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Super-resolution fluorescence microscopy (SRFM) provides a better resolution than conventional fluorescence microscopy by reducing the point spread function (PSF). PSF is the light intensity distribution from a point that causes it to appear blurred. Due to PSF, each fluorescing point appears bigger than its actual size, and it is the PSF interference of nearby fluorophores that causes the blurred image. Various approaches to achieving higher resolution through SRFM have recently been developed.

Photoactivated Localization Microscopy

Photoactivated localization microscopy (PALM) is a type of fluorescence microscopy that captures high-resolution images using a single-molecule detection and localization approach. For example, two fluorescent spots 75 nm apart may appear to be a single spot during imaging due to interference of their PSFs. In such cases, especially for live-cell imaging, PALM is a suitable technique to resolve the interference and provide a better resolution.

In PALM, a variant of green fluorescent protein (GFP) with a different excitation wavelength and high fluorescence is employed. In the first step, a few GFPs are activated and imaged with very high precision. In the next step, another set of GFPs is activated and imaged. Step by step, all the GFPs across the specimen are thus recorded. Finally, the data is processed to generate a high-resolution image.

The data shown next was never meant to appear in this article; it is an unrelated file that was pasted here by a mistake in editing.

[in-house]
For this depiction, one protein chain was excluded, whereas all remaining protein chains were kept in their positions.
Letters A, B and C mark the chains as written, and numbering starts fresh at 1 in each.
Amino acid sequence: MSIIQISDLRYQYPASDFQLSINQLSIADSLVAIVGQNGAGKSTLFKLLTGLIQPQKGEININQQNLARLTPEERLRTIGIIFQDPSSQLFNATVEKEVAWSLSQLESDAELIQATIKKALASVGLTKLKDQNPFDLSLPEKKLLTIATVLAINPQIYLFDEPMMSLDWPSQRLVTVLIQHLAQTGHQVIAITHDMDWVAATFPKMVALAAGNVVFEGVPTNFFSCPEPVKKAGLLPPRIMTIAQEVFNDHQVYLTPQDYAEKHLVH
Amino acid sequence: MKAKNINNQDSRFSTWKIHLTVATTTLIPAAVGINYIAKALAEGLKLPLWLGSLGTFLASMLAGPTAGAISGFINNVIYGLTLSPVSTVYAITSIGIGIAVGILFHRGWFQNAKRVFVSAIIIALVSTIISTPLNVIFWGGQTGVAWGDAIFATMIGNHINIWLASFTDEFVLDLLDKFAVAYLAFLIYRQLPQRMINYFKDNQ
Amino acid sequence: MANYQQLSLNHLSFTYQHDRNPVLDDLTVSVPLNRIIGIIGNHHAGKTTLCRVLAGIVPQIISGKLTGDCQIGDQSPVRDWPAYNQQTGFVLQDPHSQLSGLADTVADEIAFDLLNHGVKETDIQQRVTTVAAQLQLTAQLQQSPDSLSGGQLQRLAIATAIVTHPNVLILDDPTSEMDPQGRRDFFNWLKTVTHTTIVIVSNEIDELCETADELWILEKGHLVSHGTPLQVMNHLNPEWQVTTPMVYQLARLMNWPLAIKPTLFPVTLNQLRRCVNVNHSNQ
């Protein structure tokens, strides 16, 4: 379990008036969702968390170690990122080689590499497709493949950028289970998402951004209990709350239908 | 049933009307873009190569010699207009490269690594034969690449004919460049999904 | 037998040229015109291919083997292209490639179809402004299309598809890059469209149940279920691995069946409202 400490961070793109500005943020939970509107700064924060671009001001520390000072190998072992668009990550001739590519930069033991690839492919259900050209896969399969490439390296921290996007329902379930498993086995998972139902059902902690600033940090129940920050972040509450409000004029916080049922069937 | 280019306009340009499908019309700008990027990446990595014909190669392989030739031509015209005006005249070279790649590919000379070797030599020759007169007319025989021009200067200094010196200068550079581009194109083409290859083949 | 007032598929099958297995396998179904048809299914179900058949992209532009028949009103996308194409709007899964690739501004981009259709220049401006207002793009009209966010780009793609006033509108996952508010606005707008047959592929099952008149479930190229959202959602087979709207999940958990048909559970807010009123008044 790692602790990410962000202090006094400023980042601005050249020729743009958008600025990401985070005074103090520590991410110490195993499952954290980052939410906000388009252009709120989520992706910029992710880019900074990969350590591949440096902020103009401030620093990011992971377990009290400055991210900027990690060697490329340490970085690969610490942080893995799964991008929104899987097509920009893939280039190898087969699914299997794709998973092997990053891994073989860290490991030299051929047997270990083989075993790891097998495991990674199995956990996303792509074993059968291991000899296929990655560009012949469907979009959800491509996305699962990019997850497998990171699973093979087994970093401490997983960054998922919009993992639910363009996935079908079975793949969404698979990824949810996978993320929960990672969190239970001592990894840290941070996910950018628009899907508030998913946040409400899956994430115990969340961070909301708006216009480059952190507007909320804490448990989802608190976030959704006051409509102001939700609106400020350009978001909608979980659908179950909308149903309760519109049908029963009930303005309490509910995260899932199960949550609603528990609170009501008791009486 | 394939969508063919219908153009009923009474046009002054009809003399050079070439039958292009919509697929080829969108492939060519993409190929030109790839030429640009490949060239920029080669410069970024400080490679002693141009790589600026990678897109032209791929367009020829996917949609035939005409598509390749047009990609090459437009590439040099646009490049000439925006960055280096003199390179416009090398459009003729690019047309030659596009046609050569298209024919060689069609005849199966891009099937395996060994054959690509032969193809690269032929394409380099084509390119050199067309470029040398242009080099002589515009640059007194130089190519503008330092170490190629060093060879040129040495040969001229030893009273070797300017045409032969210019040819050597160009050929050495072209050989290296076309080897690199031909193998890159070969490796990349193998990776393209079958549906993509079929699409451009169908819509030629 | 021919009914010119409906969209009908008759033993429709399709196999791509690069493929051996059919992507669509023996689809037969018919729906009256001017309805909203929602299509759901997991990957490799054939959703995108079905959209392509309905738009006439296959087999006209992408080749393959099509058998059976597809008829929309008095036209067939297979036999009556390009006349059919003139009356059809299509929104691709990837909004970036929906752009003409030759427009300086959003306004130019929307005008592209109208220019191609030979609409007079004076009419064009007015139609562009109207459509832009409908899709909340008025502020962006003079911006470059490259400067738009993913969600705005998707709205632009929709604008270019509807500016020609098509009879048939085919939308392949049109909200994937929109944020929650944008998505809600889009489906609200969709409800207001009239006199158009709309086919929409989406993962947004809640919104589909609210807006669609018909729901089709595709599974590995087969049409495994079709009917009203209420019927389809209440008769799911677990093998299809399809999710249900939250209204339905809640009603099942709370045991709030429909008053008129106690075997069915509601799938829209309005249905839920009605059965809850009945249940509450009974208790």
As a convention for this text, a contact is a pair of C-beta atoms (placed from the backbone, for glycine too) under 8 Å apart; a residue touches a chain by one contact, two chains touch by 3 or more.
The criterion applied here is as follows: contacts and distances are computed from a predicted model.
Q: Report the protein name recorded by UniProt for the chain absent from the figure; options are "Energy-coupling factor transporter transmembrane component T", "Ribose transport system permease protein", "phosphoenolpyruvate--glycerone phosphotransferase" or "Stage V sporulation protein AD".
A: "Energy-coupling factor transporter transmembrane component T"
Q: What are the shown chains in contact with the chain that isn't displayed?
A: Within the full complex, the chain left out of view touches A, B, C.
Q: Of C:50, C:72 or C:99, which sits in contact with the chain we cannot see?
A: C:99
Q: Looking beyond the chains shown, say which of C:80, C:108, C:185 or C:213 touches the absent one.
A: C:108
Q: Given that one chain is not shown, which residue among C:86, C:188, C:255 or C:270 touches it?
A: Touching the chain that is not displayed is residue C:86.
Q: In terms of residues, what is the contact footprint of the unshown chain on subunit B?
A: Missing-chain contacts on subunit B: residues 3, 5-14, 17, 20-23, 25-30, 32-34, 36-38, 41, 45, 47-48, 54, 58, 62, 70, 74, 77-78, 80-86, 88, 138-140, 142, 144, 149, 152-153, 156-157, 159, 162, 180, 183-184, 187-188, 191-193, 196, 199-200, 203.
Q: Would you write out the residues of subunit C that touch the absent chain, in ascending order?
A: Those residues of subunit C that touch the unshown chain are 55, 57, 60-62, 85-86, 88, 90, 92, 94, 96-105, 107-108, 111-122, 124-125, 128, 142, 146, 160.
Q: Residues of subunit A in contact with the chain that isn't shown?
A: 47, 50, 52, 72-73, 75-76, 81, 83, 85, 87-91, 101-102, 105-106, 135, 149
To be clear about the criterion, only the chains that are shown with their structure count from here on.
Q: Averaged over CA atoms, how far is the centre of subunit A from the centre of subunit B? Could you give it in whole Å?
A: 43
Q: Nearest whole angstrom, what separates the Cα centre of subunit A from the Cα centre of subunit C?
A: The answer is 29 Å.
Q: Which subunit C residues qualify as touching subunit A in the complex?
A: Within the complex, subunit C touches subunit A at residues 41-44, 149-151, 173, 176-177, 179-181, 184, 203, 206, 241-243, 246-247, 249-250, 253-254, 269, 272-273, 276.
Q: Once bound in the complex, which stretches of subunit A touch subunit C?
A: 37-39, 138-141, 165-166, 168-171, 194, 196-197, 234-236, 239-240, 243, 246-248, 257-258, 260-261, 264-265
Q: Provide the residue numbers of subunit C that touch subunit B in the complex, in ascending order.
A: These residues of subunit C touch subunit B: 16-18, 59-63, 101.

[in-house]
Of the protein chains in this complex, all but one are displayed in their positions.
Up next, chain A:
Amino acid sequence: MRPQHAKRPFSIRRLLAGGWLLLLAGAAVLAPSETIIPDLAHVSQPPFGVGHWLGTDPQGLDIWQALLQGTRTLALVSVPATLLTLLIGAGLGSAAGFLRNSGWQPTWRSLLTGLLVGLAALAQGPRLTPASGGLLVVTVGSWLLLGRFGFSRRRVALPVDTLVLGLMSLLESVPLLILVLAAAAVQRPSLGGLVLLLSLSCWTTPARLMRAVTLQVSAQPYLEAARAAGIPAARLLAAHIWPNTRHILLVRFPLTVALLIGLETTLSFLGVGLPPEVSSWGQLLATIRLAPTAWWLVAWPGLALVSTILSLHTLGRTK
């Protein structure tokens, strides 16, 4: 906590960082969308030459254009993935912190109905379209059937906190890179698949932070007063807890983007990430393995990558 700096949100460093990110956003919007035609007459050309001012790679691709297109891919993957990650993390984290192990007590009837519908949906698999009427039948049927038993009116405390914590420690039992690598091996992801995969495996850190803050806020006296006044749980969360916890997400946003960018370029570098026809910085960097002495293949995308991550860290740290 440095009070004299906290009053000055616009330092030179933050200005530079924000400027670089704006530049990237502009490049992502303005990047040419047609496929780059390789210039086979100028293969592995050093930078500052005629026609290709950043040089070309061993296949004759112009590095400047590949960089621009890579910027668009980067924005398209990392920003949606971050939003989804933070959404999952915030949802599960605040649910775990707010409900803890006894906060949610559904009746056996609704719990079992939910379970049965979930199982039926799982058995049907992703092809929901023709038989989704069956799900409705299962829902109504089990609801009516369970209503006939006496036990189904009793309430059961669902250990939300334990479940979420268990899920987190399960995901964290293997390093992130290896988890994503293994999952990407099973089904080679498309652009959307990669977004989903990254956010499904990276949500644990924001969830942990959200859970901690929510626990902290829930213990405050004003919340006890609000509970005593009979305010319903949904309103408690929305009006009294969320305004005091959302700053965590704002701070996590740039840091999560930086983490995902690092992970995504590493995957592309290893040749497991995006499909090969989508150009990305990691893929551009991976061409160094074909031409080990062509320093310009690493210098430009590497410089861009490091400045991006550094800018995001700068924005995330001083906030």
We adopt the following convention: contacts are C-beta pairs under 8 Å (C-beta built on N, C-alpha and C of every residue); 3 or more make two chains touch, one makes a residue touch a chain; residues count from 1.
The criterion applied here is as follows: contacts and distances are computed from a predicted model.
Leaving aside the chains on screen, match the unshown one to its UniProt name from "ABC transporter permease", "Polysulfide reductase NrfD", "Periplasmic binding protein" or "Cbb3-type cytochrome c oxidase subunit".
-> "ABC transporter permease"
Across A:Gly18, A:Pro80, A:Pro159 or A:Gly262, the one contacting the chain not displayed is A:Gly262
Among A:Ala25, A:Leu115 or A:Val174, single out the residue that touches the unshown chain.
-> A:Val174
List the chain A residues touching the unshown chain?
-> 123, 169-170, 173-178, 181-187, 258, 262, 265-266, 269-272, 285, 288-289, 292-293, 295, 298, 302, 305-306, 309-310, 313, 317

Stochastic Optical Reconstruction Microscopy

In stochastic optical reconstruction microscopy (STORM), unique photo-switchable probes are used for specimen imaging. The emission from these probes can be switched on and off using lights of different wavelengths. Thus, only a few fluorophores can be activated at a point in time such that the number of activated fluorophores is significantly lesser than the number of deactivated fluorophores. This selective activation of probes helps determine their precise position in the specimen. Following this, the center of each fluorescent probe is identified and marked. The process is then repeated to record all the fluorescent probes in the specimen. Finally, a high-resolution composite image is constructed by superimposing these multiple images.

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